It depends what you really want/need.
Rugged = stay away from hard disc drive camcorders.
Documentary might = interviews and decent audio = camcorder needs a mic jack + manual audio control OR using a "field recorder" for the audio that will replace the camcorder audio during editing.
"Small camcorder" = small lenses and most likely small (single) imaging chip... Likely only the high end of the consumer camcorder area. Small lenses (and small imaging chip = poor low-light video capture behavior. Big lenses and big imaging chips = big camcorder and better low-light behavior. Any camcorder can capture good quality video if the lighting is good and within the acceptable brightness level of a camcorder.
Check what "Survivorman" uses. One small camcorder is a Sony HVR-A1. It is what provides him with the green-tint monochrome night vision ("NightShot"). Depending on the episode, he *could* be carrying two other camcorders. Used to be one or two HVR-Z1's. Now, I *think* he typically is carrying one or two HVR-Z5's. All are miniDV tape based. And a tripod or two. And several optional high-capacity rechargeable batteries. And Pelican 1500 or 1550 cases.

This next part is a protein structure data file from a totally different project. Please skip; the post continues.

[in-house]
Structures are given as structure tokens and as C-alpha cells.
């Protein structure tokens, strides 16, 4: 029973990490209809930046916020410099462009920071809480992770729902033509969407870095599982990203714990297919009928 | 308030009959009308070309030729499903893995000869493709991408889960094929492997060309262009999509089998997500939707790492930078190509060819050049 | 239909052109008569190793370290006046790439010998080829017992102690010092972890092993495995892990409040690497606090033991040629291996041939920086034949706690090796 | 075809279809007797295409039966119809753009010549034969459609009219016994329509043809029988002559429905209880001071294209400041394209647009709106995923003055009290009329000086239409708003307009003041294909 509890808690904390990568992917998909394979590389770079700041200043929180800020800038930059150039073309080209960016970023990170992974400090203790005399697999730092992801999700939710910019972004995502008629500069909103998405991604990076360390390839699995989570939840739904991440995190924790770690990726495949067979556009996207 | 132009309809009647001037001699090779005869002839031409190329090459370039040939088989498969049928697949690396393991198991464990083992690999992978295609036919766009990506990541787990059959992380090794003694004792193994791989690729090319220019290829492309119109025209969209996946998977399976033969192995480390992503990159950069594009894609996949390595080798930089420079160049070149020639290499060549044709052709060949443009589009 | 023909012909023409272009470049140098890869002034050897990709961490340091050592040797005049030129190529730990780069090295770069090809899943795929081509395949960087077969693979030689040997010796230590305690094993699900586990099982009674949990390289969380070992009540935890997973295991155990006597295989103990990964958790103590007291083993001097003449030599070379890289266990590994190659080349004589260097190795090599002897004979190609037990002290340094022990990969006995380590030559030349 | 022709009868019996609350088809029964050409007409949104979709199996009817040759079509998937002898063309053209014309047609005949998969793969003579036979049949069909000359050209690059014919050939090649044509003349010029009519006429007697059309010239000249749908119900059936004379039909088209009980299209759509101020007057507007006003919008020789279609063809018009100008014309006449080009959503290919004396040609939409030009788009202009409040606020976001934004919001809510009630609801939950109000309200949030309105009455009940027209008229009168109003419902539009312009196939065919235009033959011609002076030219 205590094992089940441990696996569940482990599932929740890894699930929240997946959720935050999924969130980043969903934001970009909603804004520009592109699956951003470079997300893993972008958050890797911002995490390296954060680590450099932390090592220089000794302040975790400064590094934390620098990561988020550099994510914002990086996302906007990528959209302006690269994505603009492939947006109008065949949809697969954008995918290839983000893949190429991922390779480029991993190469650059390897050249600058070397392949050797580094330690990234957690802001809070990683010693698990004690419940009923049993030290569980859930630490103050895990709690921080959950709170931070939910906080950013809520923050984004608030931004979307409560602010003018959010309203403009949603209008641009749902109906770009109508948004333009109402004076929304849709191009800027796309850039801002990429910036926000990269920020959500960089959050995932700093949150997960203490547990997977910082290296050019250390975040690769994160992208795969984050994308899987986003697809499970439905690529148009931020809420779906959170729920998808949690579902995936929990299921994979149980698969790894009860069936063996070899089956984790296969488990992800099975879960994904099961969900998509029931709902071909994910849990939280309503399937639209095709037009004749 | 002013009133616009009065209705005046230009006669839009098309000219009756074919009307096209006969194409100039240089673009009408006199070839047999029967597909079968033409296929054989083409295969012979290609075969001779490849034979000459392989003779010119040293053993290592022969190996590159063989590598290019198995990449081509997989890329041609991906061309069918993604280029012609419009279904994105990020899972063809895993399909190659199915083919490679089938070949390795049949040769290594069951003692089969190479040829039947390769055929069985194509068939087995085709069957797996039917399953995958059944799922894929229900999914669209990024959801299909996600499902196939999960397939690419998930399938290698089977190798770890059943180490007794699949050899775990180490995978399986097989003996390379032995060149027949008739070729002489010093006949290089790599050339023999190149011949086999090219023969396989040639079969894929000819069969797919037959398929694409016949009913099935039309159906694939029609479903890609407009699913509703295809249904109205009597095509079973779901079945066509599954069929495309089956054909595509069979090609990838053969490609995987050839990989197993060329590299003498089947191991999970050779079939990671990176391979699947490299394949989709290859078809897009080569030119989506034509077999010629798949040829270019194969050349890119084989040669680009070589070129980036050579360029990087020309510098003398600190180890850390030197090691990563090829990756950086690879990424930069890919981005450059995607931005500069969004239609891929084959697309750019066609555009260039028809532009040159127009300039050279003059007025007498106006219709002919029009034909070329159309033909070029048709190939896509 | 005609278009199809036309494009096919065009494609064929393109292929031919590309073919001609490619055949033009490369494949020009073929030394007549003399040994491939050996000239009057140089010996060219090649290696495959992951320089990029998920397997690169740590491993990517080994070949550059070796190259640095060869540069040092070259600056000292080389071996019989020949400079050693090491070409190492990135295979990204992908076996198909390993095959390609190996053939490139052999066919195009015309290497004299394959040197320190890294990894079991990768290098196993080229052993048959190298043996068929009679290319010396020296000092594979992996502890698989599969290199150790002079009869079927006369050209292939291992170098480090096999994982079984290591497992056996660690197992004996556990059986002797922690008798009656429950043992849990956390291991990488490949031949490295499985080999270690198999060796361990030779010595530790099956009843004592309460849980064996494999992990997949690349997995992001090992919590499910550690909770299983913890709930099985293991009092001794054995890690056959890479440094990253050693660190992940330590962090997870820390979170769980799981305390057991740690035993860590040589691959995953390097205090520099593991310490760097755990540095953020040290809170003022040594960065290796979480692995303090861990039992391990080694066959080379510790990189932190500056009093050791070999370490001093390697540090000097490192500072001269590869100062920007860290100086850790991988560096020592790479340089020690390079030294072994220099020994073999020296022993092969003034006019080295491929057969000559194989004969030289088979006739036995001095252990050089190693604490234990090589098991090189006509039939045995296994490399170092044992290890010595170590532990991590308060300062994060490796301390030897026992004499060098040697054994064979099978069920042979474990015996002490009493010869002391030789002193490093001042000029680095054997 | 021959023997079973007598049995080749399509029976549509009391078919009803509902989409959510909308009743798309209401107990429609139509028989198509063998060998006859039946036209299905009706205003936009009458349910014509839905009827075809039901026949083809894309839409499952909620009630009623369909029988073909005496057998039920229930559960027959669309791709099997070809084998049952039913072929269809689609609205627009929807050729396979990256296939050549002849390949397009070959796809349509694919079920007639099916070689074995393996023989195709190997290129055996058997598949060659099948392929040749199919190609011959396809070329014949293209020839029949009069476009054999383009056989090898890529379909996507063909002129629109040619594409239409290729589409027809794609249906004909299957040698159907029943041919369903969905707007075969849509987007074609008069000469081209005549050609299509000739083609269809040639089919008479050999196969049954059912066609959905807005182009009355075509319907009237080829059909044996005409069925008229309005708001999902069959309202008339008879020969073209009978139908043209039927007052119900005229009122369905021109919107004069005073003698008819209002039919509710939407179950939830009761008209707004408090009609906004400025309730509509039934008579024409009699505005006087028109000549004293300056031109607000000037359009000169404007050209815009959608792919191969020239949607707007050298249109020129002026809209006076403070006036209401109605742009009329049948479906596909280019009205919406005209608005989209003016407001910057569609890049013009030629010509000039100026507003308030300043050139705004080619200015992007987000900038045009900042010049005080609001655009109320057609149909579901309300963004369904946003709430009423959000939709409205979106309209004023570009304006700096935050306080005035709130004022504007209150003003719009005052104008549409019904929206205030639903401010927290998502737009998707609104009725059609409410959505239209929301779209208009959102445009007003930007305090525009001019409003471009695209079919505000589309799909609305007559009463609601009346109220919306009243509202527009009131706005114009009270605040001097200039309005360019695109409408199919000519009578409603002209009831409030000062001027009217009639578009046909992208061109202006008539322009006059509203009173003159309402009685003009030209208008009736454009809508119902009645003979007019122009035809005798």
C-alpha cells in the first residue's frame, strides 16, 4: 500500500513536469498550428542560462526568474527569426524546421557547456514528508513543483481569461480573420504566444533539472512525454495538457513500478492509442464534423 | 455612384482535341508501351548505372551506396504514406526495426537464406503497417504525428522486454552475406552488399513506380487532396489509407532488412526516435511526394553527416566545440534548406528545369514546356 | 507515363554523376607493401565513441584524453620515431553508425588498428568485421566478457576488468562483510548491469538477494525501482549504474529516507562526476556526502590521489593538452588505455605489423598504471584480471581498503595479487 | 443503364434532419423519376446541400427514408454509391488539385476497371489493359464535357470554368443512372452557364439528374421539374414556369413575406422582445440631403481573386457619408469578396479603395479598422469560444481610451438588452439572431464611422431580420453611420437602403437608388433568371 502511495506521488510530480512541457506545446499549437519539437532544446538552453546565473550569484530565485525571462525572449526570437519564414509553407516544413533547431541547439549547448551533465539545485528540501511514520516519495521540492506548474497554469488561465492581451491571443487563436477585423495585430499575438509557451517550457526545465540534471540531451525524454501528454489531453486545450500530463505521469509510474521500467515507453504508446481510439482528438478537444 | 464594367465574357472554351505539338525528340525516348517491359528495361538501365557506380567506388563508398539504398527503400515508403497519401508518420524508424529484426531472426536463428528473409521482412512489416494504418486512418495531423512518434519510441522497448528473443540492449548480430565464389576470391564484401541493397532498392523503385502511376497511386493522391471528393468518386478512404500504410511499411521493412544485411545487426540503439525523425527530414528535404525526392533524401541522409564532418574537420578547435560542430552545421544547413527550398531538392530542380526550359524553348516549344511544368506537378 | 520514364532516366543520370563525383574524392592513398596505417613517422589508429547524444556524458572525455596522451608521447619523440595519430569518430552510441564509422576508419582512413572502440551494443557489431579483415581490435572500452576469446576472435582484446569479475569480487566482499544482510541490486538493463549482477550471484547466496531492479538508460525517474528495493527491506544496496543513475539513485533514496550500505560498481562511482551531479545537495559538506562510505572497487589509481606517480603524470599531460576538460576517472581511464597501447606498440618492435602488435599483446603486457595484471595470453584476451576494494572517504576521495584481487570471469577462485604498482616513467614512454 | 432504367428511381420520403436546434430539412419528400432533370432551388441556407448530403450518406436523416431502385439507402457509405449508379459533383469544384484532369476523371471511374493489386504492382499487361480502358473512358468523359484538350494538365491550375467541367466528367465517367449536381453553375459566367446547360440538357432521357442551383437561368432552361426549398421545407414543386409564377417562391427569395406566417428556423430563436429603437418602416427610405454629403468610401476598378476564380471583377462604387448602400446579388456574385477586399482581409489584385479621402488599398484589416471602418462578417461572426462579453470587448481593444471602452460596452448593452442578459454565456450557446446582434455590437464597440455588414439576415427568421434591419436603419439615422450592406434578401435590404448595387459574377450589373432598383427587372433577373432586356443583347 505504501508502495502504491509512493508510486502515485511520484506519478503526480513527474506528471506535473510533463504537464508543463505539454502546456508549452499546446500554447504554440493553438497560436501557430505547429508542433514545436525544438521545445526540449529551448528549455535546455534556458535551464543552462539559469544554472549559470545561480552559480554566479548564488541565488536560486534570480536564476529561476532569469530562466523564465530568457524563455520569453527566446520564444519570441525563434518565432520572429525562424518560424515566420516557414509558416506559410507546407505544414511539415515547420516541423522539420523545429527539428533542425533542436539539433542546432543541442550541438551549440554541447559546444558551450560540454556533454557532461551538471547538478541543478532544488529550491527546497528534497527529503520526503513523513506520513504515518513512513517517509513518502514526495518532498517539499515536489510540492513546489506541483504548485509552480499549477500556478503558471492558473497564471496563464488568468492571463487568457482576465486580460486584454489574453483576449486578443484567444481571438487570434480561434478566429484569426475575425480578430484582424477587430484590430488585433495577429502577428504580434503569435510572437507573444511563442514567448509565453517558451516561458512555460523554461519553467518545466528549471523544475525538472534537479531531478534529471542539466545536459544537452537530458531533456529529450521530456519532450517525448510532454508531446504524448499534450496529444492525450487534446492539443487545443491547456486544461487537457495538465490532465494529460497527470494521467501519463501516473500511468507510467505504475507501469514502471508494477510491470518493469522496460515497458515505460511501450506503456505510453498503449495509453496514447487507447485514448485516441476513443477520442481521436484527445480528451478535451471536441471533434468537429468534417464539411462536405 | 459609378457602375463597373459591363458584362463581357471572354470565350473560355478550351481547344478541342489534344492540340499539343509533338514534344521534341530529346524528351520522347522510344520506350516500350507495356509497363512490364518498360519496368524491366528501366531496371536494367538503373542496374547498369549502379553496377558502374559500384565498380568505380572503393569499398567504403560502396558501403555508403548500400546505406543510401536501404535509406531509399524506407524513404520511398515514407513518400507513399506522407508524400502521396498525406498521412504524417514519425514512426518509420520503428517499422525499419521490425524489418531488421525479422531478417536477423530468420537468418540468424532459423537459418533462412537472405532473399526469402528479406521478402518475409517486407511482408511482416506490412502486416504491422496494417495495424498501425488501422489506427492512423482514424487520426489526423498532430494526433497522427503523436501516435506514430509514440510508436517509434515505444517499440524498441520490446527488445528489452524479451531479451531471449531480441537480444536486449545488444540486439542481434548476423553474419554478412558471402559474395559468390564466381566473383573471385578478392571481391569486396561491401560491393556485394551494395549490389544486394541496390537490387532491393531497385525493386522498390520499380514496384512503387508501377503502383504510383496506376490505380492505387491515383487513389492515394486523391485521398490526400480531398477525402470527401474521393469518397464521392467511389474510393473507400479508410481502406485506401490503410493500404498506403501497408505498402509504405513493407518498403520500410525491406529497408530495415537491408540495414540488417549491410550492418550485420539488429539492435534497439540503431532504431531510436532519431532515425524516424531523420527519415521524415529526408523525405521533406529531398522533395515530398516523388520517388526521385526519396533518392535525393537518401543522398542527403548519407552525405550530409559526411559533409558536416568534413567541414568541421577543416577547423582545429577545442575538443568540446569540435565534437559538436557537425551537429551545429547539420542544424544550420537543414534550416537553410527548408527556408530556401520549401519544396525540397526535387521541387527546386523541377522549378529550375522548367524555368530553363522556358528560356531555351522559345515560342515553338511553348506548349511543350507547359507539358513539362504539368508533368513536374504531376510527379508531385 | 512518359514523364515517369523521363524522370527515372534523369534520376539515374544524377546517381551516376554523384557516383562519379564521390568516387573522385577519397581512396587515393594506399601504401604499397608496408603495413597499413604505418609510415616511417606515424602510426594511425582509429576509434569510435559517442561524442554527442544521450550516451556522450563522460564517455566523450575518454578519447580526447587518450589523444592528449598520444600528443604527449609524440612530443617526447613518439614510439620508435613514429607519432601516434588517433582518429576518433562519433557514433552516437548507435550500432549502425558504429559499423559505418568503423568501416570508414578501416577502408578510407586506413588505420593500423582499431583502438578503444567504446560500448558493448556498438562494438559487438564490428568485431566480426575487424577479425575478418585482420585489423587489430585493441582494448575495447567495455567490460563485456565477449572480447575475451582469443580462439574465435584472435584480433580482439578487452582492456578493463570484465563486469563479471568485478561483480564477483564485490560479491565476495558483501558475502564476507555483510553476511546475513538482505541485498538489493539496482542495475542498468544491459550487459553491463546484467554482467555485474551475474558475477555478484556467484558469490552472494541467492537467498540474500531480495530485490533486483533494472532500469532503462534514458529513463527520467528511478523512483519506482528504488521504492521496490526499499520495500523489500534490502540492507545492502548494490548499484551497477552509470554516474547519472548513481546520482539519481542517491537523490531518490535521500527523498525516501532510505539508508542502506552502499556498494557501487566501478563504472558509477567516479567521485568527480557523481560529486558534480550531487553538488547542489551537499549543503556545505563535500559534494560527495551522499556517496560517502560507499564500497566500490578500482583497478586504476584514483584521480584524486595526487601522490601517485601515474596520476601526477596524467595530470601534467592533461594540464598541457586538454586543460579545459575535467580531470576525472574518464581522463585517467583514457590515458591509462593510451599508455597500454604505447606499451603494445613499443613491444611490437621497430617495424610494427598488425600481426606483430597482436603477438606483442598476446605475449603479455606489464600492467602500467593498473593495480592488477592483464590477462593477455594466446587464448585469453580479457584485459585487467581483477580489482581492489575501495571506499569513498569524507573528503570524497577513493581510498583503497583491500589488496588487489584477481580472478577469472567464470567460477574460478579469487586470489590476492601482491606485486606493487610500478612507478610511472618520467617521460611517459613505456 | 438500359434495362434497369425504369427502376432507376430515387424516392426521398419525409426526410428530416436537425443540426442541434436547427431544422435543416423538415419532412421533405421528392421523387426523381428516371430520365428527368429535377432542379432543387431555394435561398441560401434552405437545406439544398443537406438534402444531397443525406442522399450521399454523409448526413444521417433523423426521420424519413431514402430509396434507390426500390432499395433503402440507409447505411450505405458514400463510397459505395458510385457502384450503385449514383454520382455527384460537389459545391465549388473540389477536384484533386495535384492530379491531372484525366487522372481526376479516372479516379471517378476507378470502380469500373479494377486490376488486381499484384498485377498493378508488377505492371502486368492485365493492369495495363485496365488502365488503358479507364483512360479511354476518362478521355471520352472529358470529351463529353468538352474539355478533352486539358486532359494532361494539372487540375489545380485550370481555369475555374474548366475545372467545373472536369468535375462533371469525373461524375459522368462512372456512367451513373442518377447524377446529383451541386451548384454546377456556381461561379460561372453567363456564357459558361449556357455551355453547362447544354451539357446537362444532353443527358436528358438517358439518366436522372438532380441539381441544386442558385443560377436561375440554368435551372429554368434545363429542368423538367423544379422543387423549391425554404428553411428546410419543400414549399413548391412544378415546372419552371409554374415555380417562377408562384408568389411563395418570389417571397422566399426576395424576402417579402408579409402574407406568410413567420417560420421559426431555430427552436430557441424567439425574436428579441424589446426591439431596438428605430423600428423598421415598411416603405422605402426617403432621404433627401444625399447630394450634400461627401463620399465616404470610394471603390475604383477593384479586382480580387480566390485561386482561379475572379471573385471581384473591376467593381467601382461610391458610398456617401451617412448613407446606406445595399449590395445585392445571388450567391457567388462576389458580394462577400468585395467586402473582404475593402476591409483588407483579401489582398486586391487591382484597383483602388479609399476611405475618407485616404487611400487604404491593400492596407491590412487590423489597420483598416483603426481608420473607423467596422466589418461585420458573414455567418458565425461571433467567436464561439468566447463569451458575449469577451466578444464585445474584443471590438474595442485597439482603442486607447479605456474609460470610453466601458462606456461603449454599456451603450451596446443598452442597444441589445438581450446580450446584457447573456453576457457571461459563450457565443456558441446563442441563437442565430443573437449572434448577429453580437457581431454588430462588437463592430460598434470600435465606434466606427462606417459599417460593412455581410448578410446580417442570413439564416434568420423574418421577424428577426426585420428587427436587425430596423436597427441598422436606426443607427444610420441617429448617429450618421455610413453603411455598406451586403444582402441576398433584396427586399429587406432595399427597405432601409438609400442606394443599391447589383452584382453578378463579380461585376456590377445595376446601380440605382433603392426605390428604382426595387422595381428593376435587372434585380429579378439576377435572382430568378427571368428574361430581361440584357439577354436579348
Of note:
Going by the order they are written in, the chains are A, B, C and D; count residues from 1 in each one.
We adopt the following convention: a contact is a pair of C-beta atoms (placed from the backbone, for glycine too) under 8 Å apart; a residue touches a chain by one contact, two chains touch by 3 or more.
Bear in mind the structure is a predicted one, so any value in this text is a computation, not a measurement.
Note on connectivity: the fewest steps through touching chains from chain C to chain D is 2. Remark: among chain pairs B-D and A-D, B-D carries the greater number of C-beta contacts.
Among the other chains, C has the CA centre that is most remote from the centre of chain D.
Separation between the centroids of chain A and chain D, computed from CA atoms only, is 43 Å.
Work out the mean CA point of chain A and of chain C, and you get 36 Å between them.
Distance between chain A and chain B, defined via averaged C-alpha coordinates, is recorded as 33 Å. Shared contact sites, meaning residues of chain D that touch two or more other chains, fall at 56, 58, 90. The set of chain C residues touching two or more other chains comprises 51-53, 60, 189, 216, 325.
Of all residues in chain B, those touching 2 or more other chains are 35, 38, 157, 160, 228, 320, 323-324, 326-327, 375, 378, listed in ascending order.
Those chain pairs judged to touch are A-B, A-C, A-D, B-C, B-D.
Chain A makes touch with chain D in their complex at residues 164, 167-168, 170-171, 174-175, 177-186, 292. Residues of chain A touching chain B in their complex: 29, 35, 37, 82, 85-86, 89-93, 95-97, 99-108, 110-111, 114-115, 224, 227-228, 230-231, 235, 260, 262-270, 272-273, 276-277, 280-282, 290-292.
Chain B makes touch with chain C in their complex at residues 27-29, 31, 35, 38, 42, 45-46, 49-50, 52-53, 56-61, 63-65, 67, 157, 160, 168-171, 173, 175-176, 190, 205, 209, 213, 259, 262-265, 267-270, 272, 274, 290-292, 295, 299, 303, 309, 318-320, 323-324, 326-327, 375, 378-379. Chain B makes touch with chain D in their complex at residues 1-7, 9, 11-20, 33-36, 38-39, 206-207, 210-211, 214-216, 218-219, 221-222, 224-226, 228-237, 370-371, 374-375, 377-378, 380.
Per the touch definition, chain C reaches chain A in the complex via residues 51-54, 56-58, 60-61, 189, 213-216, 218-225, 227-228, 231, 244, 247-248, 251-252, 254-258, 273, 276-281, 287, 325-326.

DO NOT rely on only one camera. You are setting yourself up for failure if it dies/breaks or is confiscated/stolen/lost.
I'm going to Afghanistan and require a small, durable, camcorder for shooting a documentary. I'll be in rugged terrain and running around quite a bit, so the camcorder must be small and durable.
Would I need a semi-pro camcorder?